"I wish he would spend more time focusing on how we are going to clean up the spill and how we are going to contain it," Brown said. "And less time trying to pass the blame … and also trying to push, I feel, a national energy tax that will ultimately drive jobs overseas. That seems to be where they're headed."
Brown and Obama are scheduled to sit down at 2:30 p.m. ET in the president's West Wing office. The meeting is closed to the press.
"I'm going to talk, I'm presuming, about his national energy tax idea, and I'm sure he'll bring up immigration, and then I'm going to try to focus on jobs and see what the plans are to try and get this economy moving again," Brown told WBUR.
(CNN) - In a timeline, the Kirk for Senate campaign states Rep. Kirk's comments during the Blagojevich controversy were consistent with his role as a congressman and permissible by military rules regardless of being on active duty.
They also say Department of Defense rules do allow for some civilian political activities - particularly while in civilian clothes and acting in a civilian capacity outside of military facilities. Kirk did not make any statements during deployments to Afghanistan, according to the campaign.
Kirk campaign press secretary Kirsten Kukowski also released the following statement:
"These questions have been addressed by the campaign in the past and had there been any issues documented in Congressman Kirk's military record, the Department of Defense would not have issued a second waiver for his deployment to Afghanistan. The campaign has made all of the Congressman's military fitness reports available for review and no concerns were documented."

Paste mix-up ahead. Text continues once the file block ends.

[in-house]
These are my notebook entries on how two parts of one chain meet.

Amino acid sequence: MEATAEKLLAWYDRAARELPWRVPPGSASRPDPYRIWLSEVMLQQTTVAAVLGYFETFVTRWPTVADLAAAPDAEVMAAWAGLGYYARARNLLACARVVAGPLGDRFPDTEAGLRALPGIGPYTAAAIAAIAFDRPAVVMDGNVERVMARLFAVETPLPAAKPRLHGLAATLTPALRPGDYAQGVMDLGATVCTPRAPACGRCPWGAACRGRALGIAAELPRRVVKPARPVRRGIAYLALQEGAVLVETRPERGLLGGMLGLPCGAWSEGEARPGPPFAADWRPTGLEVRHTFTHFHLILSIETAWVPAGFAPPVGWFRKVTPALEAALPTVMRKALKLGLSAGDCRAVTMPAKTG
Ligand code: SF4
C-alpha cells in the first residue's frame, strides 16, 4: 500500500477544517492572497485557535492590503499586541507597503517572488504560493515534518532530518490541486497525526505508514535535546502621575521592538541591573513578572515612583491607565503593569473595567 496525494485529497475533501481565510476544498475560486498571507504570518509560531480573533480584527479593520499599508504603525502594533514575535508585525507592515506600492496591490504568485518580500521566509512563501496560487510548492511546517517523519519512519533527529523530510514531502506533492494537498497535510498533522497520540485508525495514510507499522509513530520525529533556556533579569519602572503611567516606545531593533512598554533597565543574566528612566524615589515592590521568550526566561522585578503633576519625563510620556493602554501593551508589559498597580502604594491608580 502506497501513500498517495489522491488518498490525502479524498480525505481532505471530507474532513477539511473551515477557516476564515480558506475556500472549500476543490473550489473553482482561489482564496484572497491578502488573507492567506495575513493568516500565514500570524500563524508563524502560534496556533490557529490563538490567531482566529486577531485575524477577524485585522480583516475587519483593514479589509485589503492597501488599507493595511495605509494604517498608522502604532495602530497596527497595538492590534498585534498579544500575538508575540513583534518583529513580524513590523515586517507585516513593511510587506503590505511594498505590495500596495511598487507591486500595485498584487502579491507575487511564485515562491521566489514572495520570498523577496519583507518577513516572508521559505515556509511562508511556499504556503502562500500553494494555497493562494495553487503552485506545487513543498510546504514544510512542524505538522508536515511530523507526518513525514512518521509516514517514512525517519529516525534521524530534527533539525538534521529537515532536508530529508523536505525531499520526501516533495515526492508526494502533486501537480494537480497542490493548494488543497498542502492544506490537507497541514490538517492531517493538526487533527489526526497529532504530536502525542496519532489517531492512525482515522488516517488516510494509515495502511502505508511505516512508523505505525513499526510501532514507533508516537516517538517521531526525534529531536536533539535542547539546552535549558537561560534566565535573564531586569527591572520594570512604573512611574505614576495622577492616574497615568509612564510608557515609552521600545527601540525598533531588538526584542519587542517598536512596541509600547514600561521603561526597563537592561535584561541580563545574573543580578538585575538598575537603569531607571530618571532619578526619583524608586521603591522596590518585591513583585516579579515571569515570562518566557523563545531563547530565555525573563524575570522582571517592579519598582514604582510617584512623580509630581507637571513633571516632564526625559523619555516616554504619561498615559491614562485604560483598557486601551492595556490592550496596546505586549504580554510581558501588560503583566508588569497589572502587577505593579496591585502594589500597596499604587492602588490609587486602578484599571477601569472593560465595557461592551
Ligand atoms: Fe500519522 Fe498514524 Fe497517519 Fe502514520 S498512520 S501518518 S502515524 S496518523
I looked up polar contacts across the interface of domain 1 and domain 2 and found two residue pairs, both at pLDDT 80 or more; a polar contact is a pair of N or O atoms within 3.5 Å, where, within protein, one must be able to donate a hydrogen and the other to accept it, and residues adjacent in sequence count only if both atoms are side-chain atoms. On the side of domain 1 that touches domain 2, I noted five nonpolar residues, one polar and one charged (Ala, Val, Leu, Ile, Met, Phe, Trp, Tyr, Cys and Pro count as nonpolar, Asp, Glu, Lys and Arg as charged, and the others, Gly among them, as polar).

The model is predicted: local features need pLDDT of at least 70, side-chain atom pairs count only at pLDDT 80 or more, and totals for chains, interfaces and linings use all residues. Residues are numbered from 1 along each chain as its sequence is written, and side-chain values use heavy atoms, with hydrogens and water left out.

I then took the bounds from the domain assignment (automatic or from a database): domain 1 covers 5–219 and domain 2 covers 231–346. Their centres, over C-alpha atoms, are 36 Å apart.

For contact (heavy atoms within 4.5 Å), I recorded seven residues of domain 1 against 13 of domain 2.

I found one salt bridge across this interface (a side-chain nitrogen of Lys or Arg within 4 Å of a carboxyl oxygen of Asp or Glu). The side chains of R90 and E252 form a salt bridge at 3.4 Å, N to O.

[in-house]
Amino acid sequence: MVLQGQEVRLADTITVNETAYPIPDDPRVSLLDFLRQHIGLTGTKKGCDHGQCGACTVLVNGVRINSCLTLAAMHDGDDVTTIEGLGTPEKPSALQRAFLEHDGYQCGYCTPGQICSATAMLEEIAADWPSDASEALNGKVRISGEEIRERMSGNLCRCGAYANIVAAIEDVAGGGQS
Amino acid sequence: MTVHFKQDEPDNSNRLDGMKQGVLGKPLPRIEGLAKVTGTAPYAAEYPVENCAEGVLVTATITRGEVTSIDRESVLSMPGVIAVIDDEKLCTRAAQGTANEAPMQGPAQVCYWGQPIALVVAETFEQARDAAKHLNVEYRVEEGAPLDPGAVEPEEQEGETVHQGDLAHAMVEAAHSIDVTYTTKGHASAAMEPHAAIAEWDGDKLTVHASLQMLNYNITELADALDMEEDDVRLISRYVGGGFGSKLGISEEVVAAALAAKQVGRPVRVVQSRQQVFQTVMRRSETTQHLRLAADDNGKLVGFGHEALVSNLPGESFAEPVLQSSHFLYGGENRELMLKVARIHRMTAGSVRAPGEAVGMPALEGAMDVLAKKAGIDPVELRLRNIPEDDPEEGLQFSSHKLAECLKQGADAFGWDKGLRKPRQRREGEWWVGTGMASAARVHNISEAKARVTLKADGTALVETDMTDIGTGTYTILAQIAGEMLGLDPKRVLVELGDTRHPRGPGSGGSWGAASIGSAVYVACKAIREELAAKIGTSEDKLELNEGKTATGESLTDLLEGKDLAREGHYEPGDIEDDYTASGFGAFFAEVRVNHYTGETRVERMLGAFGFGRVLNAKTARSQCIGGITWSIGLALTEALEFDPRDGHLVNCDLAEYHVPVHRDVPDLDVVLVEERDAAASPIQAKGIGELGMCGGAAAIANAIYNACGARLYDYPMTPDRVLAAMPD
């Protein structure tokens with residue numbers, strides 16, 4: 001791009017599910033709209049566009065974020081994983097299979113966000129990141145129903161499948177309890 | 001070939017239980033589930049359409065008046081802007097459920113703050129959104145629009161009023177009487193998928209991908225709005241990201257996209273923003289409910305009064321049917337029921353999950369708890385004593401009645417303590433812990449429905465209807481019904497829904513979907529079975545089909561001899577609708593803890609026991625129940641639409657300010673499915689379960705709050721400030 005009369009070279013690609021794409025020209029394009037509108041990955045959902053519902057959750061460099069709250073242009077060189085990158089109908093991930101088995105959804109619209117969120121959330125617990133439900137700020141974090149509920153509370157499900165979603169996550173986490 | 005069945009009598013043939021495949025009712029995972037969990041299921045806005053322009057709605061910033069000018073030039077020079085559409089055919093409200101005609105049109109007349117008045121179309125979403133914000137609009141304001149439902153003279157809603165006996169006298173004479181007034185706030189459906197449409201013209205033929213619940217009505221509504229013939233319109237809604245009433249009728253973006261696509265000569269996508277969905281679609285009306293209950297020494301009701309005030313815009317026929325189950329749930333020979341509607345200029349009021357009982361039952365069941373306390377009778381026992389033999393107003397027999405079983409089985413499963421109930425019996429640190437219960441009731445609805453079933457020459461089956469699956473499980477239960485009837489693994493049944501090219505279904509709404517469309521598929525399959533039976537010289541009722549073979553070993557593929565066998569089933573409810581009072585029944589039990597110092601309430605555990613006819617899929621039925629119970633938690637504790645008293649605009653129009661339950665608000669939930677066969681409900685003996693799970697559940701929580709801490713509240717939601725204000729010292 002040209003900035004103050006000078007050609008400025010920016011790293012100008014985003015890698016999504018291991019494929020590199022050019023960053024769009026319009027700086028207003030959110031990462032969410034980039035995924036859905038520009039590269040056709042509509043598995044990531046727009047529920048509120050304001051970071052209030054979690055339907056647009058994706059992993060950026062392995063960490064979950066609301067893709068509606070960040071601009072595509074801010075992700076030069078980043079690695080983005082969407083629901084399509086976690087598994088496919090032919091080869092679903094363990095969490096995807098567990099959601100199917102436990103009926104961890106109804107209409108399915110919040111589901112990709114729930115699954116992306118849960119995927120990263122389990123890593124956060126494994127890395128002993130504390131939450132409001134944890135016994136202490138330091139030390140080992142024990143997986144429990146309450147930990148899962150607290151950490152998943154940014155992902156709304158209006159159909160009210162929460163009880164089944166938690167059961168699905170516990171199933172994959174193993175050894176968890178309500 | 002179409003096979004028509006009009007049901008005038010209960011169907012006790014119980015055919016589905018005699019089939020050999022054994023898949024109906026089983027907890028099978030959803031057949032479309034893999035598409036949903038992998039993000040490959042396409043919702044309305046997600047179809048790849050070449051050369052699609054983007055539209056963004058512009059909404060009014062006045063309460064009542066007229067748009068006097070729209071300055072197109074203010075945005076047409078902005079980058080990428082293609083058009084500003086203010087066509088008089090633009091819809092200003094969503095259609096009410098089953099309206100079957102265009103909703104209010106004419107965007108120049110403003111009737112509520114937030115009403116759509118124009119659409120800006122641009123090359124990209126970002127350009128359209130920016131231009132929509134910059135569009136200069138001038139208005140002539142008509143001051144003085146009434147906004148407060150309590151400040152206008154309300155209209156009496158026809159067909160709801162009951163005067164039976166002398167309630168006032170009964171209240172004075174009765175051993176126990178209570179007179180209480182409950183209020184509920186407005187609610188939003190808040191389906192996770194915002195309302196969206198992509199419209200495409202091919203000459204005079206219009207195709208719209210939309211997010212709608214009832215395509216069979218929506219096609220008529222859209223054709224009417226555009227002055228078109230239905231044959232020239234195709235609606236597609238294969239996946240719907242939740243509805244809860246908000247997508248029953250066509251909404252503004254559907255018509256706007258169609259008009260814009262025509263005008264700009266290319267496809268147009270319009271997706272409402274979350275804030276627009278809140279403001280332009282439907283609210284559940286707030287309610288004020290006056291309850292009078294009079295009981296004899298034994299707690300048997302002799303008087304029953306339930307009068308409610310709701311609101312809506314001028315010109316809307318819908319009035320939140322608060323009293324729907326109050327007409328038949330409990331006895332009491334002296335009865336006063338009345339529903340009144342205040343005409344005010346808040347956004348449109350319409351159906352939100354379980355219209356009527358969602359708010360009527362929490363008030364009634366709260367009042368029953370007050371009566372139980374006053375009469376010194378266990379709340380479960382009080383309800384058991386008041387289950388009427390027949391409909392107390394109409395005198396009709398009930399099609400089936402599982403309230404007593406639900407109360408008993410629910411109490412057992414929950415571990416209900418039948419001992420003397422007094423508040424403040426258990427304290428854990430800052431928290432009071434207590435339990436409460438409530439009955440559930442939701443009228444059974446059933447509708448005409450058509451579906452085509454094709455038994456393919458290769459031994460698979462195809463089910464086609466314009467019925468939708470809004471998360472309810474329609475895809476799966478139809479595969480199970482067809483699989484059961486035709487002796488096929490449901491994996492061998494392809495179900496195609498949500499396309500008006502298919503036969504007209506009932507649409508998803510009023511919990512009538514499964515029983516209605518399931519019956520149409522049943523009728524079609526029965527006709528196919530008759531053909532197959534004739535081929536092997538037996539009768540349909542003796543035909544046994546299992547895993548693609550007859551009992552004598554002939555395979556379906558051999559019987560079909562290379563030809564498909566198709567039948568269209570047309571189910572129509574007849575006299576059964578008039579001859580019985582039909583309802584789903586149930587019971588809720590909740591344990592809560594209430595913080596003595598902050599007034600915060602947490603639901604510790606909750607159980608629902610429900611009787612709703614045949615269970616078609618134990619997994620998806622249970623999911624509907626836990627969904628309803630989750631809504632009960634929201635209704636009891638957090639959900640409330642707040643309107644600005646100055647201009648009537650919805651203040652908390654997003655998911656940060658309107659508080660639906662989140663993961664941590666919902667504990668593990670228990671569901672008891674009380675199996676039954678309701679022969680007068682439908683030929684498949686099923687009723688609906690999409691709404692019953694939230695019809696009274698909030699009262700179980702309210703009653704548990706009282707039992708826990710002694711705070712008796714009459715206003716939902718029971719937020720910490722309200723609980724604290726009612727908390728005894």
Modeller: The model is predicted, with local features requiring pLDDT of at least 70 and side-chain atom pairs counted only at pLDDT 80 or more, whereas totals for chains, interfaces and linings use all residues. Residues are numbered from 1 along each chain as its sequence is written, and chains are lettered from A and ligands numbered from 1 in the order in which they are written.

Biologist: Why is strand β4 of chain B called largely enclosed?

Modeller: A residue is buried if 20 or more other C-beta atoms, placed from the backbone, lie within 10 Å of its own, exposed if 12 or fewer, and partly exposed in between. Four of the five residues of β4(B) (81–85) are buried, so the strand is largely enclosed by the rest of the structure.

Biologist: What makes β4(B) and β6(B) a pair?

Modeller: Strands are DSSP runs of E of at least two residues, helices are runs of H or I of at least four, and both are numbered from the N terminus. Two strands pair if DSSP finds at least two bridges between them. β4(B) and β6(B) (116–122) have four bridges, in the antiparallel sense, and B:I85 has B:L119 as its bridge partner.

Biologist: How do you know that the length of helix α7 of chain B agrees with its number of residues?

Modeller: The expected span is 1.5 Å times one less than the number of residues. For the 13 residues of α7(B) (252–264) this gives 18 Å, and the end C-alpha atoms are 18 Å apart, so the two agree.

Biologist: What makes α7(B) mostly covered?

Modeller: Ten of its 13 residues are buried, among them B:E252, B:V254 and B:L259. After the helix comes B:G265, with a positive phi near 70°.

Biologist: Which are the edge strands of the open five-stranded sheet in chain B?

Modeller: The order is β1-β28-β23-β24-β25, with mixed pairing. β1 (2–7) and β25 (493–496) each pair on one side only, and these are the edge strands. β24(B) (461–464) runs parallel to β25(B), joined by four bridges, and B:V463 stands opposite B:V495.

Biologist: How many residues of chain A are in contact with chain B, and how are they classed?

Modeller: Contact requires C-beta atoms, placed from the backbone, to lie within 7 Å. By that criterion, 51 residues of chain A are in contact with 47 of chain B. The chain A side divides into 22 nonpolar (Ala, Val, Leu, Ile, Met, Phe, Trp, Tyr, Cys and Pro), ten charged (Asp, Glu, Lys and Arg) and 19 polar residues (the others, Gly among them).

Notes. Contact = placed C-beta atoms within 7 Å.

The statement continued:
"The reality is that voters will have a clear contrast on Election Day between someone who served honorably as a legislator and service member and someone who lost millions of dollars of other people's money due to his recklessness and incompetence. Putting all of the posturing aside, Alexi Giannoulias represents the very same brand of politics that led to corruption, waste, abuse, historic debt and 11-percent unemployment. Voters in Illinois want a change and will stand with Mark Kirk, a thoughtful, independent leader who has a track record of delivering for the state."
[cnn-photo-caption image= http://i2.cdn.turner.com/cnn/2010/images/06/15/art.kirk.0315.youtube.jpg caption ="Rep. Mark Kirk was counseled by the military twice for violating rules that bar members of the armed services from partisan political activities. Kirk is running for President Obama's former Senate seat."]